Aesthetic philosophy from your local gothic madman


Photo credit: Oliver Chapin-Eiserloh

Photo by Oliver Chapin-Eiserloh

Little to no makeup and simple sturdy clothes: practicality. Perfect makeup and hair, and neat clothes: dedication and organization. Wild colors and big spikes: freedom, rebellion.

Clothing and makeup are artistic extensions of our personalities, and they deeply modify how we interact with the world. As with tattoos, the fact that clothes are worn on our bodies immediately connects them to our roles as people. We choose clothing based on our likes and dislikes as well as our personal values. In turn, the clothes that we wear have a huge effect on the way people understand us.

Unlike a tattoo, however, clothes are very easily changed. We can put them on and take them off effortlessly — assuming they fit correctly. This means that they allow us to try on roles, values and philosophies. Drag and costuming are very extreme versions of this, but it applies to smaller changes as well. Goth phases, girly phases, football jersey obsessions (I uh … don’t really know what sports people wear). People going through phases aren’t trying to be someone they’re not; they’re trying to figure out who they want to be, and then trying to become that person.

It may be hard to believe, but I didn’t have an “emo phase.” I had a “plain blue jeans and t-shirt phase.” I felt that skirts, dresses and the like were impractical and therefore immoral; I vehemently refused to wear makeup because I so highly prized efficiency and practicality. I wanted to be the best person I could possibly be, and my fashion choices were deeply connected to that.

My current fashion choices are still connected to that desire. I wear a lot of soft fabrics and loose dresses because I love being fat and soft and gentle. I wear tons of wild makeup because I want to show the world the vibrancy of my soul. I choose black because I find it soothing and spiked collars because they bring me joy. I have always dressed according to my highly utilitarian morals — it’s just that I’ve realized that utility is measured in happiness rather than efficiency.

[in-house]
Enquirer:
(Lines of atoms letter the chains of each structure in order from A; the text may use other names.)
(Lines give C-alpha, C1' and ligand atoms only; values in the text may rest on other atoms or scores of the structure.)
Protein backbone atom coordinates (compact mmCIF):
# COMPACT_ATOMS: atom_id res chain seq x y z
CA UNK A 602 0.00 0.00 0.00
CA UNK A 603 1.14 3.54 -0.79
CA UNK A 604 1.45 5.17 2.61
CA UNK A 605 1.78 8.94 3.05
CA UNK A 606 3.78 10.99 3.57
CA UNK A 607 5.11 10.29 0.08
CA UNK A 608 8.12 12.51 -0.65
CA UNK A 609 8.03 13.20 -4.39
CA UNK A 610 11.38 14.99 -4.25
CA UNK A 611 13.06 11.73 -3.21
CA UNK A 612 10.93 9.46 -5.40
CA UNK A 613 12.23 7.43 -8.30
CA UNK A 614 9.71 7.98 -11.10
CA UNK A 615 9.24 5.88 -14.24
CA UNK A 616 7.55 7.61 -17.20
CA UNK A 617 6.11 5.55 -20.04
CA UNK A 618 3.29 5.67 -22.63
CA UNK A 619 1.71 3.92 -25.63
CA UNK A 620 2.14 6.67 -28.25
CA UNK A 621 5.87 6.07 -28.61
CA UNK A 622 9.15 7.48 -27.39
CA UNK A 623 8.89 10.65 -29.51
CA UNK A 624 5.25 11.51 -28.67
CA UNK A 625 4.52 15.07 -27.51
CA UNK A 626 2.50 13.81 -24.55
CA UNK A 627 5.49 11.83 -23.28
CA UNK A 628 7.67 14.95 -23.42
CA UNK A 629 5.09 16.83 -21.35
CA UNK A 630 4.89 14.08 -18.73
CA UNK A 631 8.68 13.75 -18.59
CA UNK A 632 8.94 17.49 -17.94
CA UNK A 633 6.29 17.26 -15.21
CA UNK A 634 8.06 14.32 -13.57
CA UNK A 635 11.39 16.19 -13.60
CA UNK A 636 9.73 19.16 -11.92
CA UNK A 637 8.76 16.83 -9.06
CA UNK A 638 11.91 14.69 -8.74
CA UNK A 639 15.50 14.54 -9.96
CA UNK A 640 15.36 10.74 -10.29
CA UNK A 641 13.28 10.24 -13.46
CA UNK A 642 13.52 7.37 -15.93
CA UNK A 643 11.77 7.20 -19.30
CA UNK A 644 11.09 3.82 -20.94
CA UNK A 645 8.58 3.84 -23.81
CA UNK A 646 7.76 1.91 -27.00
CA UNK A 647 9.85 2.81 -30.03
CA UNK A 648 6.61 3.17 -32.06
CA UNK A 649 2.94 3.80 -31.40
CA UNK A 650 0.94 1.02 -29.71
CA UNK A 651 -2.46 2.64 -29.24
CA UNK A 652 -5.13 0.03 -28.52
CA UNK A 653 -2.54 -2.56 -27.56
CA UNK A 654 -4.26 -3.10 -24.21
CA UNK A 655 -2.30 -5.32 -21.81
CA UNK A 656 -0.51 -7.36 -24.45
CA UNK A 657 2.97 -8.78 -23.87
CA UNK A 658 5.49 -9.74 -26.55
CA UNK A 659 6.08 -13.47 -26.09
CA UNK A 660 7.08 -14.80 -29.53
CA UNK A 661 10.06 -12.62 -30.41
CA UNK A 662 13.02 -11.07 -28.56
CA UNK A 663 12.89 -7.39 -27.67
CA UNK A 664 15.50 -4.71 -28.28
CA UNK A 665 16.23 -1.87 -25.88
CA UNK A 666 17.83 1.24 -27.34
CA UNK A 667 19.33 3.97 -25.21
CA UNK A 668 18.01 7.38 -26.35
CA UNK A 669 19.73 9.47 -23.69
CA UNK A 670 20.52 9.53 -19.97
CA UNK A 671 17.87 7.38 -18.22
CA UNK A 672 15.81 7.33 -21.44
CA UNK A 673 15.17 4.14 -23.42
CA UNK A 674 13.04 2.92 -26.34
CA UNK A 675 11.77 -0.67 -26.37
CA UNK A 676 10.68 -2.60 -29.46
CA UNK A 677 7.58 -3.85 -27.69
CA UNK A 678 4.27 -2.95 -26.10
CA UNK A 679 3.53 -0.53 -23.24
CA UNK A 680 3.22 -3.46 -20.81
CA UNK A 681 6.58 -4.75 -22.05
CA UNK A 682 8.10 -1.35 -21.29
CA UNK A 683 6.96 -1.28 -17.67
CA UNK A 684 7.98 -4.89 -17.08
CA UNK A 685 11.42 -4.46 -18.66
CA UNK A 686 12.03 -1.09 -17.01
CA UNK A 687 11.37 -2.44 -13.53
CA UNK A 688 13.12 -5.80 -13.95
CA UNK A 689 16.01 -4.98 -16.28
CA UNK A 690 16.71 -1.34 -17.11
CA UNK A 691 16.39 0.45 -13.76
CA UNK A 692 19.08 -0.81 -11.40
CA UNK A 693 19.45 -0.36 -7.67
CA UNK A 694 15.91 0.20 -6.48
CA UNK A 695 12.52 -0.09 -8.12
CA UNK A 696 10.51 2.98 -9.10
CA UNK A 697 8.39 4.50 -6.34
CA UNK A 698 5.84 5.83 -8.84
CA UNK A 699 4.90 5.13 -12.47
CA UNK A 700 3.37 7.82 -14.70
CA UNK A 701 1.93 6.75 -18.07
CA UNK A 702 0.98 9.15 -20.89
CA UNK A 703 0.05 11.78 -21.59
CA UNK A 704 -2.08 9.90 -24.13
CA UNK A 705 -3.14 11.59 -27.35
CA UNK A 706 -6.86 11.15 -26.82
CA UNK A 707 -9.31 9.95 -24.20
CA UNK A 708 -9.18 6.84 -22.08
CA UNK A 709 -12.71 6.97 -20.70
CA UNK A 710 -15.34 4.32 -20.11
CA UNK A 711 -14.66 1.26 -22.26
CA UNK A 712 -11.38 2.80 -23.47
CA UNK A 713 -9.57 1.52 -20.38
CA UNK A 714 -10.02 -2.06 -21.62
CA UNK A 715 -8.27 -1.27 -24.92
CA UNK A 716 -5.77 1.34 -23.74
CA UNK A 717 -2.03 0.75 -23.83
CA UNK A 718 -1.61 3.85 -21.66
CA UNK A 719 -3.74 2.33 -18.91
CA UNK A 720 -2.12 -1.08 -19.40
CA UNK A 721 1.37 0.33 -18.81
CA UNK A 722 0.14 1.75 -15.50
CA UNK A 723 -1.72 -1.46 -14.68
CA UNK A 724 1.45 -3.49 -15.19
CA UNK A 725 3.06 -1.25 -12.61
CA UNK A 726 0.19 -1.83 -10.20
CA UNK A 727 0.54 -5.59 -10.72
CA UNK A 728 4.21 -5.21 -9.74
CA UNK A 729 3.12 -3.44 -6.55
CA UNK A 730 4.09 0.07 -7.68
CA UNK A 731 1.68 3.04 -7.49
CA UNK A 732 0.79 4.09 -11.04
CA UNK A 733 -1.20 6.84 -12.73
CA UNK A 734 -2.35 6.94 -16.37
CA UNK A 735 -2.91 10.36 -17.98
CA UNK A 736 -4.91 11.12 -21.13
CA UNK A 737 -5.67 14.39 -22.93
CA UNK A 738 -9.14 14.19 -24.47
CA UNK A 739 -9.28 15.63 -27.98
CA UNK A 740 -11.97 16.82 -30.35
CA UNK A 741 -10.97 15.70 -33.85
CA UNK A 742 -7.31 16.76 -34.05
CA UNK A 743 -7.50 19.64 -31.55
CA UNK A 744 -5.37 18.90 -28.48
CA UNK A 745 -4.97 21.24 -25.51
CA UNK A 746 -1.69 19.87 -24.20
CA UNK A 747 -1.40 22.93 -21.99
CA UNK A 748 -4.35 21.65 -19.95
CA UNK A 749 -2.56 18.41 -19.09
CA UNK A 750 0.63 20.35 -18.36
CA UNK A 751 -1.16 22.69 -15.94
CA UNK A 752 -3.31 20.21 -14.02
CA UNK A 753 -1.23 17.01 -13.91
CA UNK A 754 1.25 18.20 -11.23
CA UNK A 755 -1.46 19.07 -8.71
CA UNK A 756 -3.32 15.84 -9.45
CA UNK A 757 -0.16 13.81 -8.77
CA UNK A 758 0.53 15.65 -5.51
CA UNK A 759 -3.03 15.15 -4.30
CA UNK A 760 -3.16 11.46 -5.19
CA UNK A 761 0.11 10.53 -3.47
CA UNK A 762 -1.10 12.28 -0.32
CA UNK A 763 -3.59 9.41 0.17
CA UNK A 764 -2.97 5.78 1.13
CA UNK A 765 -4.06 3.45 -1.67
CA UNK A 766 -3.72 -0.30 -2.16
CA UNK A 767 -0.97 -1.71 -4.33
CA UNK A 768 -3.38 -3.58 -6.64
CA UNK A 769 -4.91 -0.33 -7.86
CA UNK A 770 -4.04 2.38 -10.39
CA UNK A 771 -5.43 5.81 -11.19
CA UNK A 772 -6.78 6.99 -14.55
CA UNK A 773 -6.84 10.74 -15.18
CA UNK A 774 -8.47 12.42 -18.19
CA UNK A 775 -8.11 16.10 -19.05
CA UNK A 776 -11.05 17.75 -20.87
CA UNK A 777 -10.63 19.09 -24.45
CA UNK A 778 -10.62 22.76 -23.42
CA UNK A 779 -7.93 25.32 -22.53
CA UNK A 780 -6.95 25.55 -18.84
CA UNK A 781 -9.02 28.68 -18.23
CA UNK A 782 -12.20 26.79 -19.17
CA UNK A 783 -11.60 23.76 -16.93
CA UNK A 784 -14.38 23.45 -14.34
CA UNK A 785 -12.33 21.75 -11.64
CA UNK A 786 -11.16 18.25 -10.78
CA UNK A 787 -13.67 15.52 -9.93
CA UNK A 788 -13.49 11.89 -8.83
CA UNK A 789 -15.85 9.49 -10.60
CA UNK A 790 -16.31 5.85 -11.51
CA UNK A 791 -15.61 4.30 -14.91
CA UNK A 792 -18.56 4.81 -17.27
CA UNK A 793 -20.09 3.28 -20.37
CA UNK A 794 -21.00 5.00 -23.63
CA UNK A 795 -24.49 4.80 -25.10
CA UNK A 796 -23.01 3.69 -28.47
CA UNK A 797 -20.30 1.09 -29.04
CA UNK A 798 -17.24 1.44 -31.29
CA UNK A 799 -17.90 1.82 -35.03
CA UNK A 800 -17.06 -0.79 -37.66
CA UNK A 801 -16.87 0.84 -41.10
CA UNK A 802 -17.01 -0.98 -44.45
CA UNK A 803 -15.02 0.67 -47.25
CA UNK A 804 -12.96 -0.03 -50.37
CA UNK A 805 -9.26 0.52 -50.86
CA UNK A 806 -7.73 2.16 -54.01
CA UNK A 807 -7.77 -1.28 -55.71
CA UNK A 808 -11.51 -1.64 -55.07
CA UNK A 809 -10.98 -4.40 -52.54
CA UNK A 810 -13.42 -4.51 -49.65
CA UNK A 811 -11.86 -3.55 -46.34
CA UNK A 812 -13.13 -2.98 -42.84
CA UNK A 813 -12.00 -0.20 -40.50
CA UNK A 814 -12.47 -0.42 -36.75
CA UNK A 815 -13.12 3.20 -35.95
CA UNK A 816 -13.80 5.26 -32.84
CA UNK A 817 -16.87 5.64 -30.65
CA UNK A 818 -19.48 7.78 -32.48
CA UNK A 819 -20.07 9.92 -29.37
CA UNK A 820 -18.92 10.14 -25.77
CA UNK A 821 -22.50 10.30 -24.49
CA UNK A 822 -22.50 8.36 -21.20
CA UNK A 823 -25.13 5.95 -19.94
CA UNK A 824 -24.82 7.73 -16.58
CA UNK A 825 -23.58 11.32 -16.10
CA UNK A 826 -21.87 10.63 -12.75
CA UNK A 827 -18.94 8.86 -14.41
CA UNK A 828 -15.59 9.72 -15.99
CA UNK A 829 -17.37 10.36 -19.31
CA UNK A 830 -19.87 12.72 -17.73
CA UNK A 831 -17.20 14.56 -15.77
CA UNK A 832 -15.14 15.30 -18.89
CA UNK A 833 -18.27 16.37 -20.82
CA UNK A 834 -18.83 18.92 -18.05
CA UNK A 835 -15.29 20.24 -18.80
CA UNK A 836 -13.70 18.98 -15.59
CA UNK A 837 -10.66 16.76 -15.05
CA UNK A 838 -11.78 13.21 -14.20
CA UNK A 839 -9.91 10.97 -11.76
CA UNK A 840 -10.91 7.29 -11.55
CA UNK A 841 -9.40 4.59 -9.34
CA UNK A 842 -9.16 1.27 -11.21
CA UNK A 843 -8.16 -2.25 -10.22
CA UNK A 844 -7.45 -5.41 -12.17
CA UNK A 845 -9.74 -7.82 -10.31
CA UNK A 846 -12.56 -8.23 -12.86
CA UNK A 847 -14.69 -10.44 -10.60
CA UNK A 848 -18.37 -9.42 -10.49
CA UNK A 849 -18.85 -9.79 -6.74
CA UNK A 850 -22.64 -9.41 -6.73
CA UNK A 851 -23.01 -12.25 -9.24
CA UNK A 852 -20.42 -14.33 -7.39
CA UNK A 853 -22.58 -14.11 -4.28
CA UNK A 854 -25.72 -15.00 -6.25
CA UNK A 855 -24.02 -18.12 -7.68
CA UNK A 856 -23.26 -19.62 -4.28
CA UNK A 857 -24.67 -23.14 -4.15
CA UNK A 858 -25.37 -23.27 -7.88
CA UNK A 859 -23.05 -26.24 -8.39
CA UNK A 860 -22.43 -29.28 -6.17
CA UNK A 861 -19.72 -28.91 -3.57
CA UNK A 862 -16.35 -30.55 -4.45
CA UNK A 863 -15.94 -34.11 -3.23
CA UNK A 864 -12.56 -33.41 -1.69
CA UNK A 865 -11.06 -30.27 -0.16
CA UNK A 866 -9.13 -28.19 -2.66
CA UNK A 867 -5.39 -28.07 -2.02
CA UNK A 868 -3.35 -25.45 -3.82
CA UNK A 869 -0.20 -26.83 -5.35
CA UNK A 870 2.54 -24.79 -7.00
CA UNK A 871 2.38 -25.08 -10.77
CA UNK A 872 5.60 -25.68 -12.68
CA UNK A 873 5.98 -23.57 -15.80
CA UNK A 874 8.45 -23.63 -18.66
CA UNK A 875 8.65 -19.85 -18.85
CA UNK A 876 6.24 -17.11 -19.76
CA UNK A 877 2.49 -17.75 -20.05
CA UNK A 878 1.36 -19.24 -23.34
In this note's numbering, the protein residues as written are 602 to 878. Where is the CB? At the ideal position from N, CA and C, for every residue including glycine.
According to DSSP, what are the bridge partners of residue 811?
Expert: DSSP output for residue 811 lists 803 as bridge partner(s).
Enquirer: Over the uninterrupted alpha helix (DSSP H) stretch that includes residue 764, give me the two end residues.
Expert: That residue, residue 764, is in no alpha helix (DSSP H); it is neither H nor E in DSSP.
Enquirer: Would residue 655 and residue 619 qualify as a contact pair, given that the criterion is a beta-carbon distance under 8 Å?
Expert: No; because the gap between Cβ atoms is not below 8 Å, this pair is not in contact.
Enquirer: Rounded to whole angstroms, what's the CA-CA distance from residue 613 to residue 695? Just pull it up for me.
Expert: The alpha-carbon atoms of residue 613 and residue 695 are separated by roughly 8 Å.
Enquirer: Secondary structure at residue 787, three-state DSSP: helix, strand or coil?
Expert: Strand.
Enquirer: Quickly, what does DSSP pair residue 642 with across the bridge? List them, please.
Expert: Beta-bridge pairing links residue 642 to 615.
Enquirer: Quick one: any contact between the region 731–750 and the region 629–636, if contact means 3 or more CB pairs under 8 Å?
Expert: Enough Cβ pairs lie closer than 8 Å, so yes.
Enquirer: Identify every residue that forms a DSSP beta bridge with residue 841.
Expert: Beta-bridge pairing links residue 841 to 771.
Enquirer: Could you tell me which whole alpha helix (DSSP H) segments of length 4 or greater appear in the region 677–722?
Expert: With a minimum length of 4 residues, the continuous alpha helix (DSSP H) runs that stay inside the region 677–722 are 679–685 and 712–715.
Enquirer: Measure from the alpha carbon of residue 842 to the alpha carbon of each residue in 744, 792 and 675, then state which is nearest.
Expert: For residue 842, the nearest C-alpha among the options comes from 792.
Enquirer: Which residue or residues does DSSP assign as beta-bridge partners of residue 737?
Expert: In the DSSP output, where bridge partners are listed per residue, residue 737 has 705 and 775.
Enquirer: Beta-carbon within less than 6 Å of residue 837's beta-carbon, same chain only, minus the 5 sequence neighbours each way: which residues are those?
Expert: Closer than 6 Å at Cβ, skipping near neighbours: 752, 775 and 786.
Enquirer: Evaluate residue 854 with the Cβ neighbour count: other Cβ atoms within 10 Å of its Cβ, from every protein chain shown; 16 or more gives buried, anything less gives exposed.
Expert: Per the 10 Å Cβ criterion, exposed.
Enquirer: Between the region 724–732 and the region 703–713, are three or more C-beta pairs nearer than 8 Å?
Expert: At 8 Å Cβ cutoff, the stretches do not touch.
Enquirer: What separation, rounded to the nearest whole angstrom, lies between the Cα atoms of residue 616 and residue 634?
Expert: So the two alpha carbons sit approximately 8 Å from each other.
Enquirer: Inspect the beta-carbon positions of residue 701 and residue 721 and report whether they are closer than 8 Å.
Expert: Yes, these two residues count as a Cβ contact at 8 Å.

I’m not normal, and I’m proud that I’m not normal. Sometimes I’m not beautiful either, and I’m proud of that, too. When I wear my regalia, the people around me recognize that loving honesty and are usually very happy to engage with and respect those parts of my soul. This is why wearing uniforms and brand-name fashion can feel so awful. It prevents people from seeing the parts of us that we would normally display in our fashion. It covers you up in logos, and suddenly people stop seeing you and start talking as though you are the company itself.

A startlingly large number of people look at my appearance and tell me, “I wish I could pull something like that off.” I usually just kinda shrug and nod, but truthfully, the answer is that they CAN pull it off. Every person on this Earth could dress just as wildly as me and look fantastic. Remember: You are amazing, and embarrassment is only a fleeting illusion with no real consequences.

I dearly wish to live in a world where everyone feels free to be as honest about who they are as I am. In the interest of making that a reality, I implore all of you to experiment with your fashion as often as possible. Wear that crazy hat! Flaunt that garish 80s vaporwave coat and pom-pom pants! Do that wild fae-inspired makeup you’ve always had in your dreams!

At the end of the day, fashion has no prescription. No rules or handbook. It’s just the outward expression of us, and there’s no point in making ourselves anything less than spectacular.